• Loudeye may have misrepresented the permissions on the music they owned. It appears that Loudeye has a very large collection of music that they have licecensed for streaming over the web. It also appears that Loudeye was in serious financial trouble at the time that they started negotiating with MIT. They may have seen the MIT deal as a way to open up a new market for their library.

      The problem is that MIT was not going steam the music over the web, they were going to stream it over cable television. T

      • One wonders why MIT did not acquire the rights to play the music from one of the music clearing houses instead of going to a digital streaming company. The whole point of this exercise, after all, was to not stream music over the web. The music may originate from a computer, and I think this is the norm for many radio stations, but it is broadcast over cable.

        MIT has properly the acquired the rights to broadcast music from ASCAP, BMI, and SESAC. The problem appears that Loudeye did not have the right to

    • in soviet russia, loudeye hears you!
    • Re:MIT have a case? (Score:1, Informative)

      by Anonymous Coward
      Where do you think Apple got its files from? Loudeye!

      I'd have thought it was up to MIT to set up deals with the labels, not Loudeye. All they do is rip the CD's, do data entry stuff, encode them and ship them.
  • by jlechem ( 613317 ) on Saturday November 01, 2003 @05:48PM (#7367993) Homepage Journal

    or doesn't MIT usually let these kinds of things go. I mean come on they're the College who have a subdomain called fuck-the-skull-of-jesus.mit.edu [mit.edu]. I really hope the RIAA hasn't managed to actually influence them in any way.

    • according to mit's database, that machine is registered and run by a student living on-campus, so its existence has no bearing on what the administration feels or will do. they aren't stupid enough to willfully ignore the law if, in fact, the LAMP project is illegal.
      • Although it should be noted that this individual student almost certainly does not have any control over the DNS, so the naming of the machine must have had co-operation from the IT Powers That Be at MIT.
        • Re:Is it just me (Score:1, Informative)

          by Anonymous Coward
          MIT students get to choose their own hostnames.

          As you might imagine, they get pretty interesting.
        • Re:Is it just me (Score:1, Informative)

          by Anonymous Coward
          No, the student very much has control over the hostname. They can change it to whatever they choose - we do not censor hostnames, except in extreme circumstances, or when they break the world (like localhost.mit.edu).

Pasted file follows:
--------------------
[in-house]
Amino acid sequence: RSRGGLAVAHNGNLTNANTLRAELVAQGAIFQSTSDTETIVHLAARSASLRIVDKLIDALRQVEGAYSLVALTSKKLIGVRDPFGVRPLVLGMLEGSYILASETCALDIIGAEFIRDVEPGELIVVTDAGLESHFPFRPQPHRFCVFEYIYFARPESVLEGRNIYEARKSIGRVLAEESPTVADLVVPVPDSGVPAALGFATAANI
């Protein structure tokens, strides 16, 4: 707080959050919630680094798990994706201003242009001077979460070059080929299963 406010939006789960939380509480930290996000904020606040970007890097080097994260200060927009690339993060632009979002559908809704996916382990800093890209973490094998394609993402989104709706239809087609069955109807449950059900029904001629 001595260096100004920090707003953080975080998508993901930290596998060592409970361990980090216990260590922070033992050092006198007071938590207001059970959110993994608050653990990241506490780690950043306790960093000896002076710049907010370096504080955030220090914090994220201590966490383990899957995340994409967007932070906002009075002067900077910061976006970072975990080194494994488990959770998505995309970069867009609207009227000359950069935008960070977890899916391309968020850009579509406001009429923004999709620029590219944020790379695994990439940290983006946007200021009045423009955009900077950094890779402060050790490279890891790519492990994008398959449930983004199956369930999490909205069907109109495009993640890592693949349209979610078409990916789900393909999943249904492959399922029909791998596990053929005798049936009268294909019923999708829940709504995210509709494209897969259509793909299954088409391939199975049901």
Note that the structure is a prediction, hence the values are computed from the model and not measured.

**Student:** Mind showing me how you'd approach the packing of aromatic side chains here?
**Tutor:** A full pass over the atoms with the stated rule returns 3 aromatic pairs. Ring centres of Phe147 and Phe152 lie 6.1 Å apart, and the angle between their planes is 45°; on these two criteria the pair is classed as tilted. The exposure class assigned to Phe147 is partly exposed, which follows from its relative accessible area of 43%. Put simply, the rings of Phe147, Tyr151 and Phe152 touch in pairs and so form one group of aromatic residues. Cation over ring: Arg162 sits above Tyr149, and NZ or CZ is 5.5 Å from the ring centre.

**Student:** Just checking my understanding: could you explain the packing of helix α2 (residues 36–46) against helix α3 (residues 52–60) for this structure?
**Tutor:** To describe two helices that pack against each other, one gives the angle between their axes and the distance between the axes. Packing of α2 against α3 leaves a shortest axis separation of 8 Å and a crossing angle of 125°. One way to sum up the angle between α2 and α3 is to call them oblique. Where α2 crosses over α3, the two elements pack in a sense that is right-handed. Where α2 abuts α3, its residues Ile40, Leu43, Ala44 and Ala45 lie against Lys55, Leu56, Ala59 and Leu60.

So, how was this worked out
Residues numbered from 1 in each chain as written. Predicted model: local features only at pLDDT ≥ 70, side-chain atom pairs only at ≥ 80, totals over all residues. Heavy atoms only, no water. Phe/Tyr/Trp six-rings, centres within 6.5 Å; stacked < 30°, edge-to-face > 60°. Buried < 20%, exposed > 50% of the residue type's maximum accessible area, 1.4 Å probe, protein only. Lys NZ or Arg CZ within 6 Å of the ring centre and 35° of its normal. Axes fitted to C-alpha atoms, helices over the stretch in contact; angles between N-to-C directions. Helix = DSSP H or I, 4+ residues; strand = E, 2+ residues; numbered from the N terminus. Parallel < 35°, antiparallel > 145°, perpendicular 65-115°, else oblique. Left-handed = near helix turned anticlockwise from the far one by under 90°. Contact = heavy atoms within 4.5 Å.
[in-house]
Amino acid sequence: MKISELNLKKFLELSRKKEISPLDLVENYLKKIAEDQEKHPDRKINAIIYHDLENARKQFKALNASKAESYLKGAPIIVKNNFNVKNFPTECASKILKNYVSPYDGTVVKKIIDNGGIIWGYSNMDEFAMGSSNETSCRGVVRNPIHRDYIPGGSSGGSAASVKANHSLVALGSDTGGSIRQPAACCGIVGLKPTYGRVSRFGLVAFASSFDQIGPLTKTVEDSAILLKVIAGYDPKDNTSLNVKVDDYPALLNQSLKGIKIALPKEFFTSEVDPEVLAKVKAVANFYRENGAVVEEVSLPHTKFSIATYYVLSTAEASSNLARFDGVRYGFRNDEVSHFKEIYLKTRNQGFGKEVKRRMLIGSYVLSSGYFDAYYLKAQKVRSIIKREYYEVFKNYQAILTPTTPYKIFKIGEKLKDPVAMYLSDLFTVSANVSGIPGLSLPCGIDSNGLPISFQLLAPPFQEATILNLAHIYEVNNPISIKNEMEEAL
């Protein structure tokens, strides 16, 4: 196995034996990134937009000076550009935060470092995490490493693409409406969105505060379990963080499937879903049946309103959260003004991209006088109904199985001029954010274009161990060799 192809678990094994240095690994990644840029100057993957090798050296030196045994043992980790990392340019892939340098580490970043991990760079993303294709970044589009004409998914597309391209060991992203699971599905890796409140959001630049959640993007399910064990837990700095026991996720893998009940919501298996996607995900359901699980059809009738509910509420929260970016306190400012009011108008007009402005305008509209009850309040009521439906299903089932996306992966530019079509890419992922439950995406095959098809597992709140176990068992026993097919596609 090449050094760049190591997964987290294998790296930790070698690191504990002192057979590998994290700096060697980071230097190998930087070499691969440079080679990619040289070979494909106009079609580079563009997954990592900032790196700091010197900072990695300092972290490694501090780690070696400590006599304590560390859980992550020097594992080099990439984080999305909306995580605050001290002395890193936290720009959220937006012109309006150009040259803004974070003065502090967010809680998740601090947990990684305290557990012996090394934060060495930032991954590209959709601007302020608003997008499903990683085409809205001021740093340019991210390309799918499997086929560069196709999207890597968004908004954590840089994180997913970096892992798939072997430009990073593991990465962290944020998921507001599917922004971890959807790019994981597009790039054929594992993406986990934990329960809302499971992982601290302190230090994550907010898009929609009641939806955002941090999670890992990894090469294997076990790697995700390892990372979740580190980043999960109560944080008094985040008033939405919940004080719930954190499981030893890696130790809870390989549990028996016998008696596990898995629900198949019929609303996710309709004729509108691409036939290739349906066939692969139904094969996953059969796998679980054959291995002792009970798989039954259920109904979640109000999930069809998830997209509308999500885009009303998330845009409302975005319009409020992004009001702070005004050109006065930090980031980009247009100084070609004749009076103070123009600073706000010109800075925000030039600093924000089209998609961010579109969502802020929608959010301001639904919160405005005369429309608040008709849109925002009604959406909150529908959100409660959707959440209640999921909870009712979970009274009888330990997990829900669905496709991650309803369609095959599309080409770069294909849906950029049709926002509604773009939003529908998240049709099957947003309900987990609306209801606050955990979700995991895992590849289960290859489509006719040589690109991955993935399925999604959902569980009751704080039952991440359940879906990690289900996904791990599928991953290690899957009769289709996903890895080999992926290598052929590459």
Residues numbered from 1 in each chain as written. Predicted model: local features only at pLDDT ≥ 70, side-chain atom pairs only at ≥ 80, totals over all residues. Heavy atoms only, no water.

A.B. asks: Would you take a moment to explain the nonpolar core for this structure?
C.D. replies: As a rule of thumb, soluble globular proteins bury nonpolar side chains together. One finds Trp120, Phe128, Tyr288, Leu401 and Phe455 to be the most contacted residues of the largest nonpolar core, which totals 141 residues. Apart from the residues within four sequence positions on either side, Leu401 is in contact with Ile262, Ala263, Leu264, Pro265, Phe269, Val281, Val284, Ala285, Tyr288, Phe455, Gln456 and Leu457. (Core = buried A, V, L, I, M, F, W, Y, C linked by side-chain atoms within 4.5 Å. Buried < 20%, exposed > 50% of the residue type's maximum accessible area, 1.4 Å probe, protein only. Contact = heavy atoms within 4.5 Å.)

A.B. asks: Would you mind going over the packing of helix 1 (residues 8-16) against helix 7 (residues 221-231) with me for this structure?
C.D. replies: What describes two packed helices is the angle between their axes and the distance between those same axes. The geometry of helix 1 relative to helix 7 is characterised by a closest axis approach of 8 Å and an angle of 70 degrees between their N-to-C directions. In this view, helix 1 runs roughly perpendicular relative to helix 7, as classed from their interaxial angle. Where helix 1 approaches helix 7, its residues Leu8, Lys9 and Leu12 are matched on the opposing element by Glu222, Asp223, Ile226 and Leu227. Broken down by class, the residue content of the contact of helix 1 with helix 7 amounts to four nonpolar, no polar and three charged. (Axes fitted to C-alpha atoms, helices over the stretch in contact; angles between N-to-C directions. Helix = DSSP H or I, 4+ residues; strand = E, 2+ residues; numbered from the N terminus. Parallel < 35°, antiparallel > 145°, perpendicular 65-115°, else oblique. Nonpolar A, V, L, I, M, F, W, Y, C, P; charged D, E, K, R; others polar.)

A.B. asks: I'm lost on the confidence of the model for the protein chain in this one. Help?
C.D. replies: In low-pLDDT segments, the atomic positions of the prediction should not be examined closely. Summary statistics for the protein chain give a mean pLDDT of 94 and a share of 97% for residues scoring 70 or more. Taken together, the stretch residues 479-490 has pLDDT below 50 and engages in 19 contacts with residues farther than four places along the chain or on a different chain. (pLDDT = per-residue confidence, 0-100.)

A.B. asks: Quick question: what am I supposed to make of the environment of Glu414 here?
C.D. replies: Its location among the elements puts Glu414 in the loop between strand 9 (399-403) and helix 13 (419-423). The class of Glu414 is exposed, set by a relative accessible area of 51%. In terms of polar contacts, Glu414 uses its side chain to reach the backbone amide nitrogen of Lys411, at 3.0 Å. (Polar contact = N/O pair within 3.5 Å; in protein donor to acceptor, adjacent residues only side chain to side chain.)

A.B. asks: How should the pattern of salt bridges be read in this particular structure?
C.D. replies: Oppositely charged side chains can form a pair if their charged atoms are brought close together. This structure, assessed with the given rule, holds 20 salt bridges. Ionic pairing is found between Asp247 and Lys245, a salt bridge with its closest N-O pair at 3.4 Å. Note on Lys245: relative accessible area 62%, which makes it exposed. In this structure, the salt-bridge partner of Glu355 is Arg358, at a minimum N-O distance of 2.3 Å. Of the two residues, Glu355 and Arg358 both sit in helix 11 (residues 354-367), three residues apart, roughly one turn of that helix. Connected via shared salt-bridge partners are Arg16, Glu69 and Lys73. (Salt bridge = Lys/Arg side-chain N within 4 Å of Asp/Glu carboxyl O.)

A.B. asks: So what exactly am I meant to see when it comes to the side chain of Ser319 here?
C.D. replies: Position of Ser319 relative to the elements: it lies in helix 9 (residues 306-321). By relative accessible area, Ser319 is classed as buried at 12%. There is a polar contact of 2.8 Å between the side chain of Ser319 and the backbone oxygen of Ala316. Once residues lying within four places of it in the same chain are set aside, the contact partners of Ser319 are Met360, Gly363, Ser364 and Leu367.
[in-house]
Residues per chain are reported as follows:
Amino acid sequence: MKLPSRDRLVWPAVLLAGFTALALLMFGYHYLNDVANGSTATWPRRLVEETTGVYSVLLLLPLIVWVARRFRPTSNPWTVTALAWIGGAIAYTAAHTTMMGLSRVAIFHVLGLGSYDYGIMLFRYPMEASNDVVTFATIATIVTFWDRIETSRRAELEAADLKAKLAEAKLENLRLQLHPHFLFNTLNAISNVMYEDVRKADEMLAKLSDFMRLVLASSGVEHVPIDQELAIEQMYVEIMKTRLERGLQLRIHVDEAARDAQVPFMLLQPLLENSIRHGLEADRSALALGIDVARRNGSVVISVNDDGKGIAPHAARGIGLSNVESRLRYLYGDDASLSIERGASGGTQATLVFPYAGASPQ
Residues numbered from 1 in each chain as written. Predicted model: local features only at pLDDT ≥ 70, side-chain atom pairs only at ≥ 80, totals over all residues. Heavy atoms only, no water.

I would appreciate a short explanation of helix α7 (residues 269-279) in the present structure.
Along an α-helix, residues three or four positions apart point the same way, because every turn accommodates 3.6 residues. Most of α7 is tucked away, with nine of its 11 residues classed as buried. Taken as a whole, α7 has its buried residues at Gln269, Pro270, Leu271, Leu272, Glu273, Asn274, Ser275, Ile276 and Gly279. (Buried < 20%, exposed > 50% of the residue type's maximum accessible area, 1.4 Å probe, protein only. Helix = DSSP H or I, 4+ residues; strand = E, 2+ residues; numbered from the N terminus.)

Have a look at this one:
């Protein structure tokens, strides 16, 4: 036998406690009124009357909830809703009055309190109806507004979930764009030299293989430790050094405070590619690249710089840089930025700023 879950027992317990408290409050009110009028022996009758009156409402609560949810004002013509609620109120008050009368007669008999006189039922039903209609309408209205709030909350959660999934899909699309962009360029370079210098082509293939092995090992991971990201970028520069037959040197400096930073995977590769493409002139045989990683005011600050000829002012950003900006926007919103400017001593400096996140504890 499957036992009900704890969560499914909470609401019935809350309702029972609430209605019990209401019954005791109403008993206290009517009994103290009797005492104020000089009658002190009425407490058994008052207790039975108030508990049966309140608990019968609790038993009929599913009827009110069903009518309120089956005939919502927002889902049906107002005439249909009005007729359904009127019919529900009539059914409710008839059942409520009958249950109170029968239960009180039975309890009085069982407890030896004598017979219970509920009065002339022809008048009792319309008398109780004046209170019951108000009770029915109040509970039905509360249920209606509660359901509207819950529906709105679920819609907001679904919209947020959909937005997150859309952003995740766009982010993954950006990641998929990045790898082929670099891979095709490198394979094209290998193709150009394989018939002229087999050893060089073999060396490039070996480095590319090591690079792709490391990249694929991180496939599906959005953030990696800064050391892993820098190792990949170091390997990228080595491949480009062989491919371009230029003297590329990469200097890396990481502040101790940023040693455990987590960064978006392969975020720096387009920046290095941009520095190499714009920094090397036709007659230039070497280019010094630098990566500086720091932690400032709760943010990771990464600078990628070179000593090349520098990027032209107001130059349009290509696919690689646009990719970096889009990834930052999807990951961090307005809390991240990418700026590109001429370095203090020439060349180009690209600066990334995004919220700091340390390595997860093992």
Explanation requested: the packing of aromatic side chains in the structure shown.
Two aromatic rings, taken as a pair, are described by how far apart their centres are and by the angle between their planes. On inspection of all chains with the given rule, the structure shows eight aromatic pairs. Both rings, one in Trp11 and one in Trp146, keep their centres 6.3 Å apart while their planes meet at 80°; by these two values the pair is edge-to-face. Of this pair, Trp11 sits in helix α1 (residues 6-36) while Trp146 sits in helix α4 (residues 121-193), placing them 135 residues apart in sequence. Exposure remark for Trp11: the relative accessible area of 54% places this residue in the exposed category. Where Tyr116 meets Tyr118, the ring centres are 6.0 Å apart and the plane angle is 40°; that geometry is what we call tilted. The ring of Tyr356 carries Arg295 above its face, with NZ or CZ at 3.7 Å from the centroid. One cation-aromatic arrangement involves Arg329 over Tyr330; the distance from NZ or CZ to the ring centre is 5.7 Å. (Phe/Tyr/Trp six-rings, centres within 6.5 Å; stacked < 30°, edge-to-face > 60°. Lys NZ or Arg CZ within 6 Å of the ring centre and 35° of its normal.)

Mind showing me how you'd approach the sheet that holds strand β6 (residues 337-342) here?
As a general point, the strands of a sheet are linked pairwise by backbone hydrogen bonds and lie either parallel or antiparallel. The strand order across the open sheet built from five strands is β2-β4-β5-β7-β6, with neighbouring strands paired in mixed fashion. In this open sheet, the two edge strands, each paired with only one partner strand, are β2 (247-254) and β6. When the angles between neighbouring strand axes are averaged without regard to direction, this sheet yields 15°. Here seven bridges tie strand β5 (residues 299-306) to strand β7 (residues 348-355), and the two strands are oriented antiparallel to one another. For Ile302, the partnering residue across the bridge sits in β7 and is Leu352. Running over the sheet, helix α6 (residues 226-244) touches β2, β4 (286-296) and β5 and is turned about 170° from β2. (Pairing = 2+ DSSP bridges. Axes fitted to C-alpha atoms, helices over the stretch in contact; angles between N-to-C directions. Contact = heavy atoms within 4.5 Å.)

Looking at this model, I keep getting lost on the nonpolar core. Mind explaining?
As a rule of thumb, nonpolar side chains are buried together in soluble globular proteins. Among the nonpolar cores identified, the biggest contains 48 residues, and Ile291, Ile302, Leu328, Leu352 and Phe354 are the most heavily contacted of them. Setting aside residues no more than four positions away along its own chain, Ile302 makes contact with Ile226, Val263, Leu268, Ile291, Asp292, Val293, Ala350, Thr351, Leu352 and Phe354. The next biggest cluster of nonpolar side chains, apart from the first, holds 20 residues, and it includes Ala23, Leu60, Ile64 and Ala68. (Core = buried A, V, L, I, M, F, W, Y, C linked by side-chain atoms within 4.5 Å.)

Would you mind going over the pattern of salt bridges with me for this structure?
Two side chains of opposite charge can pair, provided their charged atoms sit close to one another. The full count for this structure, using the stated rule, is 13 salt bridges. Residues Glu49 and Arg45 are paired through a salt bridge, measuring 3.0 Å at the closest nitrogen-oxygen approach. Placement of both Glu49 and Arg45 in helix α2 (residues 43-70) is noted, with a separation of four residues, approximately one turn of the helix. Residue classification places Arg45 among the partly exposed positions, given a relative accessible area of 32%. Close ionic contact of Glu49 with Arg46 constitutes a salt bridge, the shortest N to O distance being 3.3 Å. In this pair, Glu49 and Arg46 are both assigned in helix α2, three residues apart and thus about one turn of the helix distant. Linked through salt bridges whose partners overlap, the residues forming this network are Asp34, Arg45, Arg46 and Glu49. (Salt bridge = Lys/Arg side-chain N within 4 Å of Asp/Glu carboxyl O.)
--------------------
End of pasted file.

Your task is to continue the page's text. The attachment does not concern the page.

• by Anonymous Coward
      Crap! Slashdot has a subdomain like that too! [slashdot.org]

    • Going to MIT, and having the power to assign these domains to people's computers, you would be surprised at the kind of stuff that gets through. MIT administration really has nothing to do with it. If a sub-domain has not been previously registered, then someone can claim it. About the only thing that wouldn't get through usually is a racist name or slang. But the bottom line is that MIT really doesn't see every computer name that goes through the system and I really don't think they care. That is one
    • Re:Is it just me (Score:3, Interesting)

      I don't know, I'm here at MIT, and the response to both the inception of LAMP and its destruction was extremely apathetic. A whole bunch of people I know used it once for the novelty ("Hey, that's kinda cool.") and went back to their machines in their rooms and played _their_ music. It was frustrating; I think there were 16 channels? It was more like an all request radio station than an MP3 player, so you had to listen to everyone else's crappy music, too.

      I can't say much about us taking it personally;
  • Why lawyers suck (Score:3, Interesting)

    by Davak ( 526912 ) on Saturday November 01, 2003 @05:49PM (#7368001) Homepage
    1. MIT found a way to "get around" the system using the analog hole.
    2. RIAA picked holes in contracts until they could close down MIT's system.

    Nothing new here. RIAA is still evil.

    • by ldecours ( 703865 ) on Saturday November 01, 2003 @07:02PM (#7368289)